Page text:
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Louisville: Please & Thank You’s Cookie...

Louisville: Please & Thank You’s Cookie-Fueled Rise To The Top

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Brooke Vaughn is the owner and operator of Please & Thank You, a charming and wildly popular cafe & bakery in Louisville, and she’s got deep coffee roots. Born up Interstate 65 in Indianapolis, her grandfather drove a wholesale truck in the Derby City for Continental Coffee until his death in 1972, and her father opened one of the first coffee shops in town, called The Daily Grind, before bankruptcy closed it down after three years. It was perhaps destiny, then, when Vaughn started in coffee working for Starbucks throughout college, then managed a cafe in Indianapolis called Taste.

Although she was curious about cooking, the chef team at Taste kept her in the front of house. Her English and Film degrees soon collected dust, as Vaughn started to enjoy the service industry and consider it for a career. But there was something so damn frustrating about her cafe experiences thus far in life: the pastries didn’t stack up to the coffee she was drinking. Thus was born Please & Thank You.

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“I wanted the pastries to be just as good as the coffee without, like, really geeking out about coffee,” Vaughn tells me inside her newest project in a growing empire, called Hot Coffee. “It’s just a cookie and it’s just a cup of coffee. It’s just about making somebody happy.”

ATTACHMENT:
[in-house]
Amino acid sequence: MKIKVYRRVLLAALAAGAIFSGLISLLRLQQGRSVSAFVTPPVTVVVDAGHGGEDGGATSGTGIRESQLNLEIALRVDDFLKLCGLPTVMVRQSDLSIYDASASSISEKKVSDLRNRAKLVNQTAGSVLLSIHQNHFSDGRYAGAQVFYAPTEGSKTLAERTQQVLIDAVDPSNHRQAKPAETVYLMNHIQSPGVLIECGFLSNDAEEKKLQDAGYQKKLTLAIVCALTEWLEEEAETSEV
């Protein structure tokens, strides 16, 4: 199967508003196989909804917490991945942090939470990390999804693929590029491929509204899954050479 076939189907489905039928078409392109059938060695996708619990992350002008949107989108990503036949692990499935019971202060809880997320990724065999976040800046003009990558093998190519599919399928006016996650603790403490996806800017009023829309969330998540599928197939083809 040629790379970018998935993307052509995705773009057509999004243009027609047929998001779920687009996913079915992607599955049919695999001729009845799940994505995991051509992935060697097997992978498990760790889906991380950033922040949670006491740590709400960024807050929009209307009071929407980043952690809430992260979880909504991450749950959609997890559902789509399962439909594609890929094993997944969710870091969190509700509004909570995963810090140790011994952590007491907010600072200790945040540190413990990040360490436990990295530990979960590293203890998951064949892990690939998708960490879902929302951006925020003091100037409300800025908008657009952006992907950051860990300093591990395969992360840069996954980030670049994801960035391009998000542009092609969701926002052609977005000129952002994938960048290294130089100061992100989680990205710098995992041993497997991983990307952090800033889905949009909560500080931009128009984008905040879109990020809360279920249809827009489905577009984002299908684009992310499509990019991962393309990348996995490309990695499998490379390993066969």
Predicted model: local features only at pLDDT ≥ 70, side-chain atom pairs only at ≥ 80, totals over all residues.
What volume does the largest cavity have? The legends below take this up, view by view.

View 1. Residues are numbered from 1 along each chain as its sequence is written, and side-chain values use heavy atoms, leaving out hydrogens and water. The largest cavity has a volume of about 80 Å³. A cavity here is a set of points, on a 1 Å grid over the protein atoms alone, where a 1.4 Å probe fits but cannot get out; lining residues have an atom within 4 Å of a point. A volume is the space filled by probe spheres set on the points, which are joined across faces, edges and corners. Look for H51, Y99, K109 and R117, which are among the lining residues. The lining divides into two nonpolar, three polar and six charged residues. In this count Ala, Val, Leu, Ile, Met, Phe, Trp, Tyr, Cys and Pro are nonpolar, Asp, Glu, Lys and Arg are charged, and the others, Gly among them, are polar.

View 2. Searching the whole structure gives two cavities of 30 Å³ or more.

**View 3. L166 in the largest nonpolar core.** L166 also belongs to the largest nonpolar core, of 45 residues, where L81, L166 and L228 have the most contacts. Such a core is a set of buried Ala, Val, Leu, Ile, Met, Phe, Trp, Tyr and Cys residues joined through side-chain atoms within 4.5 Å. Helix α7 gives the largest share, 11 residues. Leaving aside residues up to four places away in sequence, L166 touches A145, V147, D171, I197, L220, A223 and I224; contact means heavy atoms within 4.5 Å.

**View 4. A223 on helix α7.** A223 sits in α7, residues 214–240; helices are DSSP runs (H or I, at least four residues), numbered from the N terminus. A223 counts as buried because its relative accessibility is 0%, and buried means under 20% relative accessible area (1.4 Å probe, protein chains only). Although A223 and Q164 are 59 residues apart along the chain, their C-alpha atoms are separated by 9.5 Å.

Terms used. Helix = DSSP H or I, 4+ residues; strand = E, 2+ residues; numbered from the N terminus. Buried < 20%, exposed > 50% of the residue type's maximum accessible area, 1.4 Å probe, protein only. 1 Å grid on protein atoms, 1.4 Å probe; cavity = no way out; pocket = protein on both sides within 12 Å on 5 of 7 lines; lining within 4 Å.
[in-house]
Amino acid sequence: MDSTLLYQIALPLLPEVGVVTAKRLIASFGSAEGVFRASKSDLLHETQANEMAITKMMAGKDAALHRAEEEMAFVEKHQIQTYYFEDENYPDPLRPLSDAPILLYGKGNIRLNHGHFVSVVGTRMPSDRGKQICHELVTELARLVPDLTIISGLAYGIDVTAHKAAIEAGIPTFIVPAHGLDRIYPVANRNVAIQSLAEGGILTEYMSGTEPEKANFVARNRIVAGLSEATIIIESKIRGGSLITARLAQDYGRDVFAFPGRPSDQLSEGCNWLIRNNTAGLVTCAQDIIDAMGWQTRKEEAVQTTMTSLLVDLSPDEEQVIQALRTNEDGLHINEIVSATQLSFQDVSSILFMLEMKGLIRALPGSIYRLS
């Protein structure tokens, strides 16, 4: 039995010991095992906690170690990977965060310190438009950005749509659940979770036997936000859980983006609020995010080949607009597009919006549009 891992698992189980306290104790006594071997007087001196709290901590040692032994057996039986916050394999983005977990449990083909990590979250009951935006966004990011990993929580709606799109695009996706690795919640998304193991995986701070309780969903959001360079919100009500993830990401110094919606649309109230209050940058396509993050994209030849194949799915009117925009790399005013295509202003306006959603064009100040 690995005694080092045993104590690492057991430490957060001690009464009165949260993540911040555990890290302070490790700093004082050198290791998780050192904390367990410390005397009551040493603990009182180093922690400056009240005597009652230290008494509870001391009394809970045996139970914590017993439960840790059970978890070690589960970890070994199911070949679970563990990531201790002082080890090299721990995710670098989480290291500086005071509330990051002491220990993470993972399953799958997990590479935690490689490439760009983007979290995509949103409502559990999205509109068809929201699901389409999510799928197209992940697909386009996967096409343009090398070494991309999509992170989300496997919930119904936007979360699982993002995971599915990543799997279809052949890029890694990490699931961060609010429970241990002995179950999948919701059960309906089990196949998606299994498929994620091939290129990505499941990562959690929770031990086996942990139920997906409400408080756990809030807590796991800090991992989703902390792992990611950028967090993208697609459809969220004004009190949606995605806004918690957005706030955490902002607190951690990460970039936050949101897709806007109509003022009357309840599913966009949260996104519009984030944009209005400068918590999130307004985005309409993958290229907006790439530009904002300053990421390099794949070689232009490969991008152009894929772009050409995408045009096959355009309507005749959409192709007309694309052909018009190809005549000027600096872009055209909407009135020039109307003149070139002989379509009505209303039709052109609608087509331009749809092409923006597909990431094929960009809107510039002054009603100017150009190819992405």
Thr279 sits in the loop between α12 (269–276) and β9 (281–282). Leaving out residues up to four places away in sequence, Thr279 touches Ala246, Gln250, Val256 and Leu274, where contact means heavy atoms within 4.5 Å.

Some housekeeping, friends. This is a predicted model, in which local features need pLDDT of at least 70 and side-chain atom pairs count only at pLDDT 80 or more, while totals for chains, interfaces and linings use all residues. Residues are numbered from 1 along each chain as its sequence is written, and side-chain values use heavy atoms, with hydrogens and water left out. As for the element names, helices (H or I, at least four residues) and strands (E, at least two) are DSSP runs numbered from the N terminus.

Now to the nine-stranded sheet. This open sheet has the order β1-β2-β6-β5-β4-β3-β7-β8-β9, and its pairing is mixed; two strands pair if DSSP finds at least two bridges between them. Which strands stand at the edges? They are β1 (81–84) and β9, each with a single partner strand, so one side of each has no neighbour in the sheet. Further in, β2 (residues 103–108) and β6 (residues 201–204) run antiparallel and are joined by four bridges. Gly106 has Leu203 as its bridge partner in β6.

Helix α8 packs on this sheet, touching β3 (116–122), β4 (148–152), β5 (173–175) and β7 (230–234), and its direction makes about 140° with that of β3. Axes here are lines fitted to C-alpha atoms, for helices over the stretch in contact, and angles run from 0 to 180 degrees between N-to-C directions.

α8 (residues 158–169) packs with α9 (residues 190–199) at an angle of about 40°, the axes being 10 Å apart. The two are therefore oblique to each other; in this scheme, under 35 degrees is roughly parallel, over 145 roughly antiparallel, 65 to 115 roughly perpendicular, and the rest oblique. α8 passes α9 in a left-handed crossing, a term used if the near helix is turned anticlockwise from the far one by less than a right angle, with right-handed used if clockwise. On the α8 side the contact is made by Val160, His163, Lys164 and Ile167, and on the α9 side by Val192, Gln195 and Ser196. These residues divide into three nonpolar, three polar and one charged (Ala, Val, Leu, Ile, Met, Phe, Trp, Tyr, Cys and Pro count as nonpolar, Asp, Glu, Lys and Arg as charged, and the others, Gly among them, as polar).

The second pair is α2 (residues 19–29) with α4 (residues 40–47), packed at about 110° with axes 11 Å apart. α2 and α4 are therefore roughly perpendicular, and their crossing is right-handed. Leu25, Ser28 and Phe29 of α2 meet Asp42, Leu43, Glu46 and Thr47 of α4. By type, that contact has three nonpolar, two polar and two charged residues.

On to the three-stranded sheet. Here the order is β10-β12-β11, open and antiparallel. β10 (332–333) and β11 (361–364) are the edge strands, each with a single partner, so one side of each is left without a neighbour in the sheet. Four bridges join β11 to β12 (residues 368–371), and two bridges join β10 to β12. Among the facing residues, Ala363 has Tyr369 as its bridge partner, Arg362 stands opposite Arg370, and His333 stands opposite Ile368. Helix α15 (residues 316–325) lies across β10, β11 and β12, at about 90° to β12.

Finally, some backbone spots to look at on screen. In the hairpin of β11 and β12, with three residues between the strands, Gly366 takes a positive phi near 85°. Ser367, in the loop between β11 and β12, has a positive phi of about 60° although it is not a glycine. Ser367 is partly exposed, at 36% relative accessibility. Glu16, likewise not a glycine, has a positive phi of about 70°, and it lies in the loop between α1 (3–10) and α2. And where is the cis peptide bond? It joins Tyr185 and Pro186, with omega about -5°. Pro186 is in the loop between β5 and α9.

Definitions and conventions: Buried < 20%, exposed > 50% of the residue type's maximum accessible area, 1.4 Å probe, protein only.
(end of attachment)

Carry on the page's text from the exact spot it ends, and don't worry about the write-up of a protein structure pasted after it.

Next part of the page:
Vaughn’s husband, Jason Pierce, managed a record store in Indianapolis while she worked at a coffee shop next door. The pair dreamed of opening a dual spot, and after their move to Louisville, things began to fall into place. Developer Gil Holland bought three blocks of buildings on East Market, blocks away from where Vaughn and Pierce were living.

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“We were like, ‘Whoa, all these buildings are beautiful!'” she says. “We heard that [Holland] was looking to change the neighborhood, and so we just went to a meeting. He was like, ‘Hey give me your business plan.’ ‘Really?’ and he co-signed a city loan for us and that’s how it started. We signed our lease in October 2010 and we opened in May 2011.”

Vaughn’s father served as the contractor for the cafe’s build-out. The cafe’s interior has many salvaged materials courtesy of abandoned floor beams from other East Market buildings.

“I wanted it to feel like your living room,” Vaughn says. “Like you would walk in and you were sort of like, ‘Okay I can drink a cup of coffee and talk to my friends, listen to good music here.’ It was just the things; southern antique store things that help to create the vibe [with] the right colors.”

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So how did she develop the irresistible recipe for Please & Thank You’s famous chocolate chip cookies? A friendly competition with some best friends. Different types of butters (European are preferred), chocolates (Belgian chocolatier Callebaut, please) and flours were tested (Kentucky’s own Weisenberger came out on top). Even controversial methods, such as pulling the cookie out of the oven early, received a thorough examination from Vaughan and her cookie cabal.